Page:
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The 1989 model of this engine has two oil seals inside the water-pump housing. We fitted a new Oring into the top of the housing (it slides into an interior groove) and brushed it with oil. Then we lubricated the inside and inserted the two oil seals, using a socket to press them completely into place.

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We sanded the rust off the drive shaft and covered it with waterproof grease. After shooting a generous amount of grease into the drive-shaft tube, we reinserted it through both the tube and the water-pump housing.

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With the impeller drive pin inserted into the drive shaft, we slid on the new impeller and reinserted the drive shaft into the gear case, attaching with bolts properly labeled in the plastic cups. IMPORTANT: Make sure the impeller is inserted with the vanes bent in the direction of rotation. If not, it will have difficulty turning, the blades could break off, and the pump won't work.

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Next we reassembled the gear case with a new gasket and carrier and attached a new sacrificial zinc anode to the bottom (compare the new and old anodes). Then we reinserted the gear case--with brass water-pickup tube attached--into the drive-shaft housing. We're halfway home.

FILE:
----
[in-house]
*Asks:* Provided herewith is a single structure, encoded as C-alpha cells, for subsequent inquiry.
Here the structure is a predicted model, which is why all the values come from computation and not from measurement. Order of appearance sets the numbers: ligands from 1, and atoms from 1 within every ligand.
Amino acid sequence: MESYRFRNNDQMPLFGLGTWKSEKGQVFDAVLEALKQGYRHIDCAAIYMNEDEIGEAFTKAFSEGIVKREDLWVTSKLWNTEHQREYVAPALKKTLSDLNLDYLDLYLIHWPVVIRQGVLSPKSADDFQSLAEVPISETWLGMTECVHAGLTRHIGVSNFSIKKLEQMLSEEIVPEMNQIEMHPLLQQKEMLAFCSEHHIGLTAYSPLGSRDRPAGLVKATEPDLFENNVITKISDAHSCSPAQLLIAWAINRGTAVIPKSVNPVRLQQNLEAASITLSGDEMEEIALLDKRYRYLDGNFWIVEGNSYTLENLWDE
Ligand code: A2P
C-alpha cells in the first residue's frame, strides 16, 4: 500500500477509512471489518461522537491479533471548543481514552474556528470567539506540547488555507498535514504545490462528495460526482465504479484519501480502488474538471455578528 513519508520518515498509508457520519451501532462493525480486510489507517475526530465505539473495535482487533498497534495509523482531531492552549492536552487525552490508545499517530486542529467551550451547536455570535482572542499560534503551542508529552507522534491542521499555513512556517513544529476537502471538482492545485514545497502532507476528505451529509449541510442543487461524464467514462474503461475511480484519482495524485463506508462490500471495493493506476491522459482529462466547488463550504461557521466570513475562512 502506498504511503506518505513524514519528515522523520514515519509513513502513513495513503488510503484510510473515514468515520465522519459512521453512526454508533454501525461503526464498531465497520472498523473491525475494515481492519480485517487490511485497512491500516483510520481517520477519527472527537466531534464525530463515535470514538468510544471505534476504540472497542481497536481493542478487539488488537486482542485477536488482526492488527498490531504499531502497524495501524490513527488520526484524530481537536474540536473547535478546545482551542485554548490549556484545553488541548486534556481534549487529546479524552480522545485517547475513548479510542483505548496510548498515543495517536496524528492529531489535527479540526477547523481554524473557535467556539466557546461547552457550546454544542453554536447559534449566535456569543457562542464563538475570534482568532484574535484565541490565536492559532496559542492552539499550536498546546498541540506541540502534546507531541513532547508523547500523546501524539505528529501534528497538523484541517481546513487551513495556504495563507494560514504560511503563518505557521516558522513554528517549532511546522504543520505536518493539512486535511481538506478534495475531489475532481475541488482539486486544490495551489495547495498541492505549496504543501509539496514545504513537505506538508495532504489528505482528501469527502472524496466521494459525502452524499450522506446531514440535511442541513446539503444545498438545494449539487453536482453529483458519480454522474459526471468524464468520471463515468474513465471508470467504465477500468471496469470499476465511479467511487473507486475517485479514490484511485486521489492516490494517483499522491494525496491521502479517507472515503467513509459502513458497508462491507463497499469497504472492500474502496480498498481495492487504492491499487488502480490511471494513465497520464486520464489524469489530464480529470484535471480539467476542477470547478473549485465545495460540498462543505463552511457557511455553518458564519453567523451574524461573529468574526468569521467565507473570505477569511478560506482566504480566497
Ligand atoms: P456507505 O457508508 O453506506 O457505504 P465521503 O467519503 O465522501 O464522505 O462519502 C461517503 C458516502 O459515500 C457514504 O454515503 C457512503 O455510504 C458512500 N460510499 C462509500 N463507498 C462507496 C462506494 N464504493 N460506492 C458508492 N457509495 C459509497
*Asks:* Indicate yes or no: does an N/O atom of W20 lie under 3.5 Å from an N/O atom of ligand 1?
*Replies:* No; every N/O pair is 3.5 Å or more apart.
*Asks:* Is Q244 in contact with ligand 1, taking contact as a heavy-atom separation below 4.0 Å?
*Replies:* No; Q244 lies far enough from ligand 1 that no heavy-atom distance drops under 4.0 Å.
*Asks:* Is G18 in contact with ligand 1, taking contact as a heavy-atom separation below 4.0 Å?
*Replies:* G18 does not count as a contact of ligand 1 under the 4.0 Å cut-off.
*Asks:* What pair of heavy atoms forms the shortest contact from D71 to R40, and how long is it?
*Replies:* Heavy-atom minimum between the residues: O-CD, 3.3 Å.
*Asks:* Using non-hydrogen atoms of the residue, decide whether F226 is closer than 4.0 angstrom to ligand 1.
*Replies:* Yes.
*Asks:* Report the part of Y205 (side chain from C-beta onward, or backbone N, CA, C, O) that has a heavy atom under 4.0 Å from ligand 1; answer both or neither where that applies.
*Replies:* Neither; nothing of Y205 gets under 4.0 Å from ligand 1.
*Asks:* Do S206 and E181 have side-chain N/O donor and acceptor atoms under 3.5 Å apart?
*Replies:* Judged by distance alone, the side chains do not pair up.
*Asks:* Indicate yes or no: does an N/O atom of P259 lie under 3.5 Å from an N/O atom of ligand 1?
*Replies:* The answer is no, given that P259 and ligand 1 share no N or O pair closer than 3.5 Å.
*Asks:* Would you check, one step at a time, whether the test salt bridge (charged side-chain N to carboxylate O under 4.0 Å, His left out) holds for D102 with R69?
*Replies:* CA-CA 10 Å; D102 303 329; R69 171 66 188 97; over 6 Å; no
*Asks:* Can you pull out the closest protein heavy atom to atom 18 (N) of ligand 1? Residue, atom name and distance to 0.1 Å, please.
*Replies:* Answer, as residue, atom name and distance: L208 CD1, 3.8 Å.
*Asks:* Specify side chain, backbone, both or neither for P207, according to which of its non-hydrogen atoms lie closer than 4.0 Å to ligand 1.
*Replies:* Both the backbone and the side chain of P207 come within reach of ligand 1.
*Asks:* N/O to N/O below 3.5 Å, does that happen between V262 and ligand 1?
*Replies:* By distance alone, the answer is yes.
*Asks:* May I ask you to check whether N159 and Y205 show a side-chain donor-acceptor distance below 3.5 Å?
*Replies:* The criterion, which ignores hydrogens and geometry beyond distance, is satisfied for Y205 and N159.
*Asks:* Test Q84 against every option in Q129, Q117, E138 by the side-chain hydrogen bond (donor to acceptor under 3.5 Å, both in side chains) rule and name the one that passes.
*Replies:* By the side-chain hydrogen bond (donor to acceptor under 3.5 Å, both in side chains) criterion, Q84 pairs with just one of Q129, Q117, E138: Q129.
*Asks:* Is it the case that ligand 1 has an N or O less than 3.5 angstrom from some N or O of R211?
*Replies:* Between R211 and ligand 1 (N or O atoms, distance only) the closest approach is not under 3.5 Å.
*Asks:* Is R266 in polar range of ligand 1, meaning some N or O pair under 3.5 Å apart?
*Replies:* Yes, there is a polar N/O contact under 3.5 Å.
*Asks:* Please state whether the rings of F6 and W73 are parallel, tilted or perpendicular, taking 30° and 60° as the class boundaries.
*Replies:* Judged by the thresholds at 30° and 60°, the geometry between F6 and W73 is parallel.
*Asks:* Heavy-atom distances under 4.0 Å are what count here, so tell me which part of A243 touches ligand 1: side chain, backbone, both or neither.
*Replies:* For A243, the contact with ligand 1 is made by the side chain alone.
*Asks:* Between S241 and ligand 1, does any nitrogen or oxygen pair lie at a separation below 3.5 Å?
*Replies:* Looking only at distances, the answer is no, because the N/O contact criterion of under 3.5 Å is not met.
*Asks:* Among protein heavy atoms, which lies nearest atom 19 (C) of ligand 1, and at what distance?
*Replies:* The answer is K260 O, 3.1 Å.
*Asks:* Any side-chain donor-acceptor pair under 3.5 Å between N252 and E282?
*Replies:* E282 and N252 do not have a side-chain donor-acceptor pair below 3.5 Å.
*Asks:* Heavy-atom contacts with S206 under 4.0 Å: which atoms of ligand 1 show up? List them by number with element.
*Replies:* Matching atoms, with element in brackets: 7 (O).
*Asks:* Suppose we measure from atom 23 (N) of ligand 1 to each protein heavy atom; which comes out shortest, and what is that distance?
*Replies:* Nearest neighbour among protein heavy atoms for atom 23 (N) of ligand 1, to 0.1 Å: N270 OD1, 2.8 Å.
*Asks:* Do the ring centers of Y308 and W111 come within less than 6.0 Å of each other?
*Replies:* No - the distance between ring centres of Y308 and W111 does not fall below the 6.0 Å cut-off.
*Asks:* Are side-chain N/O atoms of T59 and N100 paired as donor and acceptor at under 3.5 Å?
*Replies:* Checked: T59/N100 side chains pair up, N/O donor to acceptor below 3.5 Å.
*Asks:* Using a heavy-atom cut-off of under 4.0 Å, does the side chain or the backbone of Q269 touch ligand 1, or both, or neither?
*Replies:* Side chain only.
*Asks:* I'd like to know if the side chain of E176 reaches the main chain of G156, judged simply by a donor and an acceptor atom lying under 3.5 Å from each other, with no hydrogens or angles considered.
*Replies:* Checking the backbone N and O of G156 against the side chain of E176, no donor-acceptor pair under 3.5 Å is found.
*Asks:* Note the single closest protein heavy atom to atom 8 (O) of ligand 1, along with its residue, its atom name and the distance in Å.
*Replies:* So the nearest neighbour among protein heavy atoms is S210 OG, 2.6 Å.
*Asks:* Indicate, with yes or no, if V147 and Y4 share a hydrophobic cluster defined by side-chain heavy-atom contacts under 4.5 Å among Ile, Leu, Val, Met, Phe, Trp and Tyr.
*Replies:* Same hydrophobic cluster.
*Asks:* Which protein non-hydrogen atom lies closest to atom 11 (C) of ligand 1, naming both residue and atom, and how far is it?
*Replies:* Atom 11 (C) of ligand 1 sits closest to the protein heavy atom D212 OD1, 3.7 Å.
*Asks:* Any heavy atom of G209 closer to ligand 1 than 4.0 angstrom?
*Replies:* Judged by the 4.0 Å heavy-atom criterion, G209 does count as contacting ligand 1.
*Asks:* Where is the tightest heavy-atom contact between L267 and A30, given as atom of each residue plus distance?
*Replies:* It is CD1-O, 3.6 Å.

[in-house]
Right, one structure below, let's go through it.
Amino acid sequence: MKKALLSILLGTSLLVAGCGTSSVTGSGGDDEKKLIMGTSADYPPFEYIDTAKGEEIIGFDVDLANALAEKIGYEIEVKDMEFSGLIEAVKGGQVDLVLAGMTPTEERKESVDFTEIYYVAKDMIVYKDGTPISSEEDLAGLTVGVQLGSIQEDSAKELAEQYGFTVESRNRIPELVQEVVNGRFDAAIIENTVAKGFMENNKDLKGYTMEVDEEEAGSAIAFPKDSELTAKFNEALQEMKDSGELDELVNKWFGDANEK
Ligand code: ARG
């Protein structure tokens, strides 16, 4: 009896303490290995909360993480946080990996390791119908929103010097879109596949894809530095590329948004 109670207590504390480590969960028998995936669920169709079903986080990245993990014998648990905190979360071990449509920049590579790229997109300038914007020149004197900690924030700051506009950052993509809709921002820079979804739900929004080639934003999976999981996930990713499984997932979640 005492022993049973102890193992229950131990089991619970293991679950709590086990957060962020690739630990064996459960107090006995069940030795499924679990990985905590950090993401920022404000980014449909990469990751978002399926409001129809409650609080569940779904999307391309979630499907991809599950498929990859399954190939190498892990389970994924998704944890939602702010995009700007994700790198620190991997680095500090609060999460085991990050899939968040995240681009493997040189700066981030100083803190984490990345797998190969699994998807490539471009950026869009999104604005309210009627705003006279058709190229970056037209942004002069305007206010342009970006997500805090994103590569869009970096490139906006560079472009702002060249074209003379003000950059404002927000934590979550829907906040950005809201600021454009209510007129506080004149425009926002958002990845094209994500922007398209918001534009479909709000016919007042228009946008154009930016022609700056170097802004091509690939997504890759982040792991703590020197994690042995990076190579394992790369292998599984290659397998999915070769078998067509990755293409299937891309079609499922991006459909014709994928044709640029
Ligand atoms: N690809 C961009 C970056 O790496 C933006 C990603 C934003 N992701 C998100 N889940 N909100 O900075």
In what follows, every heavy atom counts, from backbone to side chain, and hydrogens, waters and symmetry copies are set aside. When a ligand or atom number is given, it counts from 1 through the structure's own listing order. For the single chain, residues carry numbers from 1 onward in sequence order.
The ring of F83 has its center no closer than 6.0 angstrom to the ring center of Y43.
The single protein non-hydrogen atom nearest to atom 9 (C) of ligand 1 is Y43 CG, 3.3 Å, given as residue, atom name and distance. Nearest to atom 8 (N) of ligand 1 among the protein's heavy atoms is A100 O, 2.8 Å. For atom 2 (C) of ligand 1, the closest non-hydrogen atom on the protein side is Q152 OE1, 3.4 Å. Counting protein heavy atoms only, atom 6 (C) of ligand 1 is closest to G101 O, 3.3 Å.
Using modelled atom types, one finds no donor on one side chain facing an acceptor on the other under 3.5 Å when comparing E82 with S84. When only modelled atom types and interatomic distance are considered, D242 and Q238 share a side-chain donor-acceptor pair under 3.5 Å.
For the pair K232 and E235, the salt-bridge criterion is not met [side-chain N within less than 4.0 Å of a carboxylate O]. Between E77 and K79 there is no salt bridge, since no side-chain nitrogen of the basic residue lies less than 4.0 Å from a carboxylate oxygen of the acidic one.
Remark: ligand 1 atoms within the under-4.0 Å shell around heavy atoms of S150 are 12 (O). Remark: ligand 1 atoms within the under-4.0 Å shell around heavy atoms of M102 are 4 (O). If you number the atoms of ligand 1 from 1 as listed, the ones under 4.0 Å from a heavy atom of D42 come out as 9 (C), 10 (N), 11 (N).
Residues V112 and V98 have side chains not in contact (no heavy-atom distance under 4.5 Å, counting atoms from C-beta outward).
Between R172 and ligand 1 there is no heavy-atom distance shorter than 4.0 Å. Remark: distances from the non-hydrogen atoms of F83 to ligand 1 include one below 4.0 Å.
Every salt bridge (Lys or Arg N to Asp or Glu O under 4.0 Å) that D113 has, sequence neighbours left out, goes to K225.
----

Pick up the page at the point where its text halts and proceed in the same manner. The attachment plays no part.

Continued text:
32 BOATWORKS | FALL 2007

ENGINES

16

Using a razor blade and a vacuum cleaner, we scraped the old gaskets off the exhaust plate, drive-shaft housing, and cylinder head. Next we inserted a new Oring into the exhaust plate and brushed it with oil. After inserting the new gasket, we reattached the cylinder block. Working from inside out, we tightened the cylinder block in equal amounts until reaching the final specified torque of 7 ft-lbs.

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With the cylinder head scraped, we attached the new gasket and rebolted it to the cylinder block.